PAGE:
I generally try to avoid making comparisons of films, simply because they’re abundant and it’s easy. However, in the case of Super 8, the latest mysterious thrillfest from J.J. Abrams, I’m forced to make one. Put inelegantly, this is Abram’s version of E.T. You’ve got kids on bikes, kids saying “shit” a lot, a curiously acrimonious government group, and, as the fulcrum, an alien far from home. This is not a retelling or a reimagining, so much as it is an homage to one of the greats and one of his great films (It probably didn’t hurt to have the “great” in question on set as a producer). Abrams certainly departs from Steven Spielberg’s classic coming-of-age; his film is darker and nastier, not nearly so light on violence or familial tension. But there’s no getting around it: Super 8 is cut from the same cloth as Spielberg’s 1982 Oscar winner, and for many, will cement the connection between these two wildly successful film nerds.
When 13-year-old Joe Lamb (Joel Courtney) loses his mother to a freak factory accident, a spotlight shines on the gap between him and his father, Deputy Jack Lamb (Kyle Chandler). Though Joe’s life at home is lonely and uncertain, his geeky friends Cary (Ryan Lee), Preston (Zach Mills), Martin (Gabriel Basso) and the newly cast Alice (Elle Fanning) remain a joyful constant, and his best friend and Director Charles (Riley Griffiths) keeps Joe’s focus on their summer plans of making a movie. When filming a scene at the local railroad station, the boys witness a massive train wreck, and as the story unfolds, an abundance of other firsts.
Super 8 is set in 1979, a choice made either to lineup with the popularity of Romero’s Dead films (the boys are making a zombie film, with obvious references to Romero), or to allow Abram the full experience of reliving his childhood (the filmmaker was 14 that year). I’m inclined to believe it’s the latter, though I suppose the former was just another mythological element of young Abram’s formative years. Whatever the case, Super 8 is infused with the nostalgia of small town kids, and is a love letter to backyard filmmaking. While all of the young characters are well-developed, with quirks and traits and the ability to incessantly talk over one another, Charles and Joe feel like the strongest link to the young auteurs that Spielberg and Abrams surely were, and subsequently feel the most fleshed out. Joe in particular is a perpetually sweet kid, and big-eyed first timer Joel Courtney is perfectly cast.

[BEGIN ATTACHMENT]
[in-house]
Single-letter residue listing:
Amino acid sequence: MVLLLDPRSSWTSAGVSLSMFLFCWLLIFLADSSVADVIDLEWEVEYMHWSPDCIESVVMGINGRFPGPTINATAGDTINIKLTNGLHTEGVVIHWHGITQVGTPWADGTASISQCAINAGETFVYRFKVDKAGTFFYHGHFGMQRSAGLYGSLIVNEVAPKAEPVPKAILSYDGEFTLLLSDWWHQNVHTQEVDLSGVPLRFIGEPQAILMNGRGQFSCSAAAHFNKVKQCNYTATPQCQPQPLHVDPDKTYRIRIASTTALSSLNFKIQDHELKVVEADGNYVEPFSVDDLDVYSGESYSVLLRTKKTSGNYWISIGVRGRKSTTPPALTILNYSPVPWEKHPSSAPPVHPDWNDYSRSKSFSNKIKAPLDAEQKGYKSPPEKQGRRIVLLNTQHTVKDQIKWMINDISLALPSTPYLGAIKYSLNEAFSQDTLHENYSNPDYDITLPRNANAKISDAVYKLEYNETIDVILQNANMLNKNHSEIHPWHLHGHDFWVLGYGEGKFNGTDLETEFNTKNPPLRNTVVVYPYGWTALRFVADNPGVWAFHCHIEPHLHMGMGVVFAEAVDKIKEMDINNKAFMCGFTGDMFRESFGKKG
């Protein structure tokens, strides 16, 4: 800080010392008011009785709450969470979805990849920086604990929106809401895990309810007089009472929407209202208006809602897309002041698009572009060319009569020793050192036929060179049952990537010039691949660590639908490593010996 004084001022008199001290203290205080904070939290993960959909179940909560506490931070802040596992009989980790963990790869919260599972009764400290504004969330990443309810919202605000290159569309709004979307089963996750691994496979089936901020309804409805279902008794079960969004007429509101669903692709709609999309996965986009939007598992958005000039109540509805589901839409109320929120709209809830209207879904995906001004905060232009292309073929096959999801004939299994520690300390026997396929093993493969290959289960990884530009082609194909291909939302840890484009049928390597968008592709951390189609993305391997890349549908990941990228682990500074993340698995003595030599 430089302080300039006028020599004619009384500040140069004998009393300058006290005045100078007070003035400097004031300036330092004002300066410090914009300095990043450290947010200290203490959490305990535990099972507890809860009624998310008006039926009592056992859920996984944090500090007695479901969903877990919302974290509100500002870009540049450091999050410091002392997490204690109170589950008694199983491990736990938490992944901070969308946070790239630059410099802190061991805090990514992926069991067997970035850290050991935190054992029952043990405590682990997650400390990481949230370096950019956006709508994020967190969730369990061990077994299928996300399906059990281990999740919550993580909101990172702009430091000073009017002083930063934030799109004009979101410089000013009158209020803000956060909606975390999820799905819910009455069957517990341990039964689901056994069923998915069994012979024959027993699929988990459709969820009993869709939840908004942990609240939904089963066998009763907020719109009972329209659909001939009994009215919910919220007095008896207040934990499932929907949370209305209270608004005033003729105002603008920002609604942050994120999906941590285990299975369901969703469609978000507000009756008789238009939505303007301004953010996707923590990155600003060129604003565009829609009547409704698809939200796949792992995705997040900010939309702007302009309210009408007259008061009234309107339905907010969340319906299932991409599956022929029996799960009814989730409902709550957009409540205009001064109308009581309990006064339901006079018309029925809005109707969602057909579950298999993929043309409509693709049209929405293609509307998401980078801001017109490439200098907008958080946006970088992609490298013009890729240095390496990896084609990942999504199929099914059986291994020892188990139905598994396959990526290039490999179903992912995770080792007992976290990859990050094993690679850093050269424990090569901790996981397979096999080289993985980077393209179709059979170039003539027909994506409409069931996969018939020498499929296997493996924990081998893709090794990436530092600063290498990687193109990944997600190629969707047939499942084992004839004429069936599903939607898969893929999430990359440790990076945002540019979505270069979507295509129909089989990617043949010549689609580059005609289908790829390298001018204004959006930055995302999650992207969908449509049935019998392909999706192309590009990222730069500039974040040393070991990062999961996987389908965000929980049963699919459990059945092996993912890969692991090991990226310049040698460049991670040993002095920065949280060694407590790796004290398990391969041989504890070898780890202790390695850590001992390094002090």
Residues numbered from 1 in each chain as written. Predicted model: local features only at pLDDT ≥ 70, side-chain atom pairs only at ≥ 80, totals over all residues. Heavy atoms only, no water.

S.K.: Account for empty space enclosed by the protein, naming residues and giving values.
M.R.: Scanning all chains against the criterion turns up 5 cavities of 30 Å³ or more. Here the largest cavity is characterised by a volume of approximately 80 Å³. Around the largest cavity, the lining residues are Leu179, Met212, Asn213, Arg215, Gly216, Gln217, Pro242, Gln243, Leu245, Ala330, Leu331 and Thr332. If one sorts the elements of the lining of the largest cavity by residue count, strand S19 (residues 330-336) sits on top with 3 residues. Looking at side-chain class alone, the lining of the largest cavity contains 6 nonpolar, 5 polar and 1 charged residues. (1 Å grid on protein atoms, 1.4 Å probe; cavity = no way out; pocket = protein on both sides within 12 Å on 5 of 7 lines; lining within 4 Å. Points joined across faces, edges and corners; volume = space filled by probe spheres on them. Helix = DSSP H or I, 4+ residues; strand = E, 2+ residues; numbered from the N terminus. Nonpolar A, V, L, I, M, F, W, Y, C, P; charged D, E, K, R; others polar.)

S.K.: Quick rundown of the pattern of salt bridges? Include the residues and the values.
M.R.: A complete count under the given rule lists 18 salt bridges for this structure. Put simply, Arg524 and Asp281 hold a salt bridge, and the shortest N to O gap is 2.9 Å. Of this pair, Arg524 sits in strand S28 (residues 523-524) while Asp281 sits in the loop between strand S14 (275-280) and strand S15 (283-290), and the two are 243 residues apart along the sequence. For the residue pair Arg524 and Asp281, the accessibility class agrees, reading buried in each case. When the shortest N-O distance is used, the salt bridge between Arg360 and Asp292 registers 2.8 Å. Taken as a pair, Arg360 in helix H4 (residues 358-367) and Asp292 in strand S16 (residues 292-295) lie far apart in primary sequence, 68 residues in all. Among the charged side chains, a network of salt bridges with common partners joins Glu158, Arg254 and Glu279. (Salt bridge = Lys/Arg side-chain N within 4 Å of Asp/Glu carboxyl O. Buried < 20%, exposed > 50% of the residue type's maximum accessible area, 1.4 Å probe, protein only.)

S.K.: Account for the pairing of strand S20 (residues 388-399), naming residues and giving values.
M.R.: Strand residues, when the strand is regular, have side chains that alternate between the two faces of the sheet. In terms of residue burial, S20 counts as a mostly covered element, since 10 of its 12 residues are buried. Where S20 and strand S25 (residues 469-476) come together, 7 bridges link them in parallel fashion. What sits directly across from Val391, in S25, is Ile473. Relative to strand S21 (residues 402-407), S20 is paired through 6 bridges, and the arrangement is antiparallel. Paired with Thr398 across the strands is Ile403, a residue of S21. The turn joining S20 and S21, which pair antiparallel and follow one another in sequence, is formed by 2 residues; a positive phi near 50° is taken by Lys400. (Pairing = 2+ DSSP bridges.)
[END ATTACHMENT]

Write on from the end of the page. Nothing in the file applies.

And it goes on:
What Spielberg has always been remarkably good at is creating a sense of wonder. This is tenuous, because taking spectacle too far can make a movie really bad, really fast. But somehow he always seems to be toeing the line, and his films more often than not are brimming with wonderment. This is an ambiguous concept, but one the average film goer knows when they see it. For my part, “wonder” can be quantified by a few varying elements: for instance, a story with a massive scale given a small scale point of view. This “one man vs. the big, nasty world” approach can be seen in nearly all of his films, and in a way, it’s the bridge between he and Abrams. Certainly Abrams’ films aren’t lacking for scale, and his point of view rarely shifts away from his chief protagonist, though admittedly, with Mission: Impossible 3 or Star Trek, his heroes are far more in control of their own destinies. Here though, Abrams presents us with Joe Lamb, a definitively inexperienced kid who is forced into heroism and destiny. This is the bond between much of Spielberg’s work and Abrams’ Super 8, and more than that, it is the strongest choice Abrams’ makes with his third film.
This is an ambitious summer movie season, with a studio tentpole released pretty much every week. Having made my way to a number of them already, I can say assuredly that this is my favorite thus far. Super 8 can be a bit sloppy, and is very proud of its admittedly strong effects work, even if it can be a bit silly-the alien in particular is too anthropomorphic-but this is a genuinely fun film, and shows Abrams departing just a bit from his past work. This may be the most passionate entry into the young director’s filmography, with clear references to childhood and his love of movie making. Whatever else it may be, it is surely the strongest ligament between J.J. Abrams and his filmmaking idol.